Another pardon that stinks

Clinton pardoned a well-connected cocaine kingpin -- while letting countless low-level, mostly black and Latino, dealers rot in prison.

Published February 14, 2001 9:00AM (EST)

In November, former President Clinton told Rolling Stone magazine that many drug sentences are too long and that U.S. policy needs to be reexamined. His words seemed to be an official signal, long awaited by many, that the nation's drug laws desperately need an overhaul.

Drug reform groups made a frantic stampede to submit to the president the names of hundreds of petty drug dealers serving long stretches in federal prisons under crushing mandatory-minimum drug sentences. Those sentences were set in granite by Congress a decade ago and judges have no control over them; only a presidential pardon can undo them.

Clinton denied nearly all the requests for clemency. One of the few he didn't deny was the request to release one Carlos Vignali. According to federal prosecutors and police investigators, Vignali was the kingpin in a lucrative drug ring that shipped hundreds of pounds of cocaine from Los Angeles to Minnesota. He was sentenced to 15 years.

It was more than luck or Clinton compassion that sprung Vignali after he had served six years. His rich daddy, an Argentinian immigrant named Horacio Vignali, dumped tens of thousands of dollars into the campaign coffers of some of California's top politicians. Two of them -- the former speaker of the California assembly, Antonio Villaraigosa, and Rep. Xavier Becerra -- are leading contenders in Los Angeles' upcoming mayoral election.

Both wrote letters and made phone calls asking the White House to consider clemency for Vignali. Their action expose two troubling problems. One is the corrosive influence of money in politics. The other is the racially warped, deeply flawed drug war.

Most drug dealers are poor blacks or Latinos, hustling petty deals on the street. Not Vignali. According to federal prosecutors and police investigators, he owned a pricey condo in an upscale L.A. neighborhood, and unloaded thousands at the gambling tables in Las Vegas. He was the center of a lucrative Minnesota-to-L.A. cocaine drug ring.

Was this the type of drug dealer that Clinton had in mind when he publicly lambasted draconian drug sentences?

According to reports by the Justice Department, and the U.S. Sentencing Commission:

-- The overwhelming majority of those prosecuted in federal courts for drug possession and sale (mostly small amounts of crack cocaine) and given stiff mandatory sentences of 10 years to life are blacks and Latinos.

-- Only a small percentage of those sentenced to prison terms are major dealers.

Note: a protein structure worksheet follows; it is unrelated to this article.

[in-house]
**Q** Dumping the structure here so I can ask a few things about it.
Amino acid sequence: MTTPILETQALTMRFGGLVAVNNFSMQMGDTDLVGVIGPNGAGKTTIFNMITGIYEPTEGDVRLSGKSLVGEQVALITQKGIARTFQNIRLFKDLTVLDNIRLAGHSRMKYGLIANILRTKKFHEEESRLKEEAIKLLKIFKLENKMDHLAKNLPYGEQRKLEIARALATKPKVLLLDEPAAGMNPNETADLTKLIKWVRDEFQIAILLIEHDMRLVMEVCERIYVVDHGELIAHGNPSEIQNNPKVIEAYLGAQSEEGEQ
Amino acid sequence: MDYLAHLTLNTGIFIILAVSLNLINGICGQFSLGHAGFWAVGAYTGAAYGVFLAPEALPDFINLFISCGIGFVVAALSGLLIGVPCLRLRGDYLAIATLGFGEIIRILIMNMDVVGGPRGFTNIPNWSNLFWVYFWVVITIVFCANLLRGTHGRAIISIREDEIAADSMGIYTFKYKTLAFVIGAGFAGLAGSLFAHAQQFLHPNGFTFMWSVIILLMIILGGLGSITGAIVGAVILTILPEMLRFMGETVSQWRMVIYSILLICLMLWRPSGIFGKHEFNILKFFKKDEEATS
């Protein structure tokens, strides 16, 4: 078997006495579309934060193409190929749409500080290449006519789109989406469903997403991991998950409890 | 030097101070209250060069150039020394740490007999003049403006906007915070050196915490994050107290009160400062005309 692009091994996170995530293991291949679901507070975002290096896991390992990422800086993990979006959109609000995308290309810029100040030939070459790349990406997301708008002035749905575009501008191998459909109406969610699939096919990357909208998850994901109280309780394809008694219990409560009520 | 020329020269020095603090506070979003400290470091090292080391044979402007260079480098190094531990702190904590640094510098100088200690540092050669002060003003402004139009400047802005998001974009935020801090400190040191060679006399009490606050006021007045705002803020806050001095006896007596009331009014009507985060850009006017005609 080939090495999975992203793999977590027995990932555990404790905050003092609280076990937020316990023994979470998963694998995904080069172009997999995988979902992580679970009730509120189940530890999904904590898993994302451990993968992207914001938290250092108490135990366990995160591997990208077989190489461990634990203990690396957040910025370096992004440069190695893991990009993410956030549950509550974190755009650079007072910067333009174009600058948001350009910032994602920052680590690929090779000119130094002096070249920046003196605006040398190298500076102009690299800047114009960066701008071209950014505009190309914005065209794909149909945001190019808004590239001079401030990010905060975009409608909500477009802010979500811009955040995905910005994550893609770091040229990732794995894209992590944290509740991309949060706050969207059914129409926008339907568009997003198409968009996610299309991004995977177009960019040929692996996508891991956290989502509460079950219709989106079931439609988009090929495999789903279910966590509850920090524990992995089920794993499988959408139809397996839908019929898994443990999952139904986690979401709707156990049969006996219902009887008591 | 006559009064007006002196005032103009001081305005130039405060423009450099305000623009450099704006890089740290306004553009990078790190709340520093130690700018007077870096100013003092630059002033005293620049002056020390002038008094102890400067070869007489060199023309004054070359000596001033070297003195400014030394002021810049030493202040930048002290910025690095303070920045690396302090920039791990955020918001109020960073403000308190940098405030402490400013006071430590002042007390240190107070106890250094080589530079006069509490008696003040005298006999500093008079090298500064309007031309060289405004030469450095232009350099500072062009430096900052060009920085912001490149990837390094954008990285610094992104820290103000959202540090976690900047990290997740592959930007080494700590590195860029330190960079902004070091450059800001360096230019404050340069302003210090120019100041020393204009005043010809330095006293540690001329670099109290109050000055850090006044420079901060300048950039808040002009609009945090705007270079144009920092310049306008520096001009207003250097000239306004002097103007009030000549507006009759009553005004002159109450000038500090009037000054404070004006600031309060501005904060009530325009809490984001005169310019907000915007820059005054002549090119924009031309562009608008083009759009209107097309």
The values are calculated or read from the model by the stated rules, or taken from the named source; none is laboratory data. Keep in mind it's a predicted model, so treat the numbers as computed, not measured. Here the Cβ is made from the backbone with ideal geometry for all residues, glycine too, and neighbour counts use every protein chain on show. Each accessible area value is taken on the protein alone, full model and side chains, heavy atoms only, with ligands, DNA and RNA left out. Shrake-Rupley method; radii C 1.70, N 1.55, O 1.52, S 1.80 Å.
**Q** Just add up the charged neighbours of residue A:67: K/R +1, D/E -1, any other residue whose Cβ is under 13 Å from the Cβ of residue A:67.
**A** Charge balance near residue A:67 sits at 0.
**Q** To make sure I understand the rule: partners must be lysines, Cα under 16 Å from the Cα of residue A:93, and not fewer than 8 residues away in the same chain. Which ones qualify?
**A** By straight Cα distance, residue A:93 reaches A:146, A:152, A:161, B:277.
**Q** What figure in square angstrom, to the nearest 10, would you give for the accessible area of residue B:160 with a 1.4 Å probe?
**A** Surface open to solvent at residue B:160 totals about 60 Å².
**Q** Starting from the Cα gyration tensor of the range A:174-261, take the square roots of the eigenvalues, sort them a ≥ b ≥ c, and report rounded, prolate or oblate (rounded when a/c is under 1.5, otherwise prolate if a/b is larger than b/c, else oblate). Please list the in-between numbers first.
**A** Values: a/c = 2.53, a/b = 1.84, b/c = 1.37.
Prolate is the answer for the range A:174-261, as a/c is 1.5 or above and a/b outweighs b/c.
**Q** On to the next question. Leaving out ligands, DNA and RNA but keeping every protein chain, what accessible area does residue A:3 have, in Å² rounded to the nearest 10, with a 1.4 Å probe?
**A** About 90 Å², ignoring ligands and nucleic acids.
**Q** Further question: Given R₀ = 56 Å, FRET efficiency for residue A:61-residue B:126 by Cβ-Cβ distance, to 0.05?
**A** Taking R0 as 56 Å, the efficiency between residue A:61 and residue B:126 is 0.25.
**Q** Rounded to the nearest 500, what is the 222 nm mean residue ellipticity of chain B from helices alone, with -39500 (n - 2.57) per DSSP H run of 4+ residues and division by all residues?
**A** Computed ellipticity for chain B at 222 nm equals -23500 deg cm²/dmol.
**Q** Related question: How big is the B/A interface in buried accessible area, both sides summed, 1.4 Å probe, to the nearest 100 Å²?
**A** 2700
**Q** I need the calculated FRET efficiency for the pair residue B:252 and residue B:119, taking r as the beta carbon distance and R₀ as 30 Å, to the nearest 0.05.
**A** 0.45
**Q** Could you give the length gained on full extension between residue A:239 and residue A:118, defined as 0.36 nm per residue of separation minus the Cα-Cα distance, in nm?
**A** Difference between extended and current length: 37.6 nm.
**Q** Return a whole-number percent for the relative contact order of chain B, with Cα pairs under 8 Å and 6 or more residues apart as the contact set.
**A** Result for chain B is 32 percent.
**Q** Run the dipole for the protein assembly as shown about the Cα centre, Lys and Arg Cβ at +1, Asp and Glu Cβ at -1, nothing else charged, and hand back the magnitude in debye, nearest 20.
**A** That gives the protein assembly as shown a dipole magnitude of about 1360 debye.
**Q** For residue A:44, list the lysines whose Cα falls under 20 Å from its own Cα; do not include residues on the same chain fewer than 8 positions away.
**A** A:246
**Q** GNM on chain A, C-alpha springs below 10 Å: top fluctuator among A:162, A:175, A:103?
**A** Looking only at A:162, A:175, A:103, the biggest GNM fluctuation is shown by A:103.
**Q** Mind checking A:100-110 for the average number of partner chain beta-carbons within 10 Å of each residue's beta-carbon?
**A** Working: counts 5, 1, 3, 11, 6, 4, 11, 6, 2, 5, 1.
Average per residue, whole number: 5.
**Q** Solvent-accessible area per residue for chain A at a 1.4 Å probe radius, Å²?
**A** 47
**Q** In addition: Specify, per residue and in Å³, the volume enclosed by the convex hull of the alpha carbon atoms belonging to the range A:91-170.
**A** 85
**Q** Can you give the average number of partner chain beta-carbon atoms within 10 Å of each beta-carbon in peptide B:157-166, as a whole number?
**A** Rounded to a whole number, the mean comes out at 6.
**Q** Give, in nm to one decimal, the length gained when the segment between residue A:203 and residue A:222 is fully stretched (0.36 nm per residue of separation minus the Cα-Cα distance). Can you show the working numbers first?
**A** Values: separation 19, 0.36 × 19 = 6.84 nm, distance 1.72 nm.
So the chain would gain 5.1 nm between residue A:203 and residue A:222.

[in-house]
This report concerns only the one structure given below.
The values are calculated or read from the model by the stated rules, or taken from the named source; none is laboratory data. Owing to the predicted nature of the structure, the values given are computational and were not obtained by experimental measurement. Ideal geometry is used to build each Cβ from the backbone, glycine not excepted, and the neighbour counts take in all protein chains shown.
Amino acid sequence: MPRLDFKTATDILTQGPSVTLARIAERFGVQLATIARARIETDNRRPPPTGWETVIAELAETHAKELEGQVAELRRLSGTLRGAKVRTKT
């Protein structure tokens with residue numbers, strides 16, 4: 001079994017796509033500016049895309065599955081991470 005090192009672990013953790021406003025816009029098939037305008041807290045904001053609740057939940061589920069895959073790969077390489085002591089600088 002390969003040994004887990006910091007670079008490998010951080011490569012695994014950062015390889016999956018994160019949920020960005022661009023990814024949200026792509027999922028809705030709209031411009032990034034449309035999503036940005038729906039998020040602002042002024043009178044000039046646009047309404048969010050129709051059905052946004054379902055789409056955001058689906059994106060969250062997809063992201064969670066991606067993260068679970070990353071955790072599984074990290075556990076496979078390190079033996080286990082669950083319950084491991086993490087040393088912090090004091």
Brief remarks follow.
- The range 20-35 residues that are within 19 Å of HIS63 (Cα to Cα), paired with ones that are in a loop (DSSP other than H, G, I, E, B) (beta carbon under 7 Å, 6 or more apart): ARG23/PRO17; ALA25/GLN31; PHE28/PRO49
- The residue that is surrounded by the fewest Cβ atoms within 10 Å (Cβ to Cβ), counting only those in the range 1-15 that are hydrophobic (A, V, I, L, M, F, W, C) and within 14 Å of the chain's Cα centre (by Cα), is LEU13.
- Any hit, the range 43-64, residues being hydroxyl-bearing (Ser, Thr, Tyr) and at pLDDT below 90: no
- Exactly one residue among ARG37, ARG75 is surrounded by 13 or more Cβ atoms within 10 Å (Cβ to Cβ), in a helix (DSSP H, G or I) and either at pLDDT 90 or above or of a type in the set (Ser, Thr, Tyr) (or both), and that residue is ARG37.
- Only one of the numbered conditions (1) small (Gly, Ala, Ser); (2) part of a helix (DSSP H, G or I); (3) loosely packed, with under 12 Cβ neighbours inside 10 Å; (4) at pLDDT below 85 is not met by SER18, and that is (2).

-- There is a massive and deep disparity in how blacks (who tend to use crack cocaine) and whites (who tend to use powdered cocaine) are sentenced by federal and state courts.

Currently, more than 2 million inmates pack America's prisons. One million of them are black. A growing number of them were convicted of mostly nonviolent drug crimes. They received stiff sentences under the federal mandatory minimum drug sentencing laws.

Clinton's drug czar, Gen. Barry McCaffrey, who mightily defended the administration's policy throughout most of his tenure, shifted gears in the last year, calling the mandatory minimum sentences for drug offenders bad policy and bad law enforcement.

Clinton and former Attorney General Janet Reno initially backed these laws. After facing fierce pressure from black leaders and civil liberties groups, they gave tepid and much belated support to amending the laws to eliminate the gaping racial disparities. Congress refused to budge, however, and Clinton did not use his executive power to push the issue while he had the chance.

According to federal prosecutors, there were 30 co-defendants in Vignali's drug ring. Many of them were poor, black and much smaller-scale than he was. They were convicted and got maximum sentences under the federal mandatory minimum law. There is little chance any of them will get top politicians to send letters and make phone calls to the White House on their behalf.

Do wealthy political donors routinely expect to get favors for their money? They do. And when those favors are delivered, it confirms public belief that politics is hopelessly soiled by big money, that politicians can be bought and sold. This drives voters from the polls in disgust.

Such favors also fuel public demand for real campaign finance reform. But with the exception of a handful of flawed ballot propositions in California to limit campaign contributions, a bill by Sen. John McCain, R-Ariz., to eradicate soft money contributions and an anemic reform law by California legislators, politicians duck for cover, or figure out ways to water down campaign reform every time.

While Clinton is being pressed to explain the suspect pardon of convicted tax evader and commodities broker Marc Rich, California's top politicians should also be pressed to tell why they lobbied so hard for Vignali's release -- and whether they would do the same for those who don't contribute big money to their campaigns.

By Earl Ofari Hutchinson

Earl Ofari Hutchinson is a contributor to Pacific News Service and the author of "The Crisis in Black and Black."

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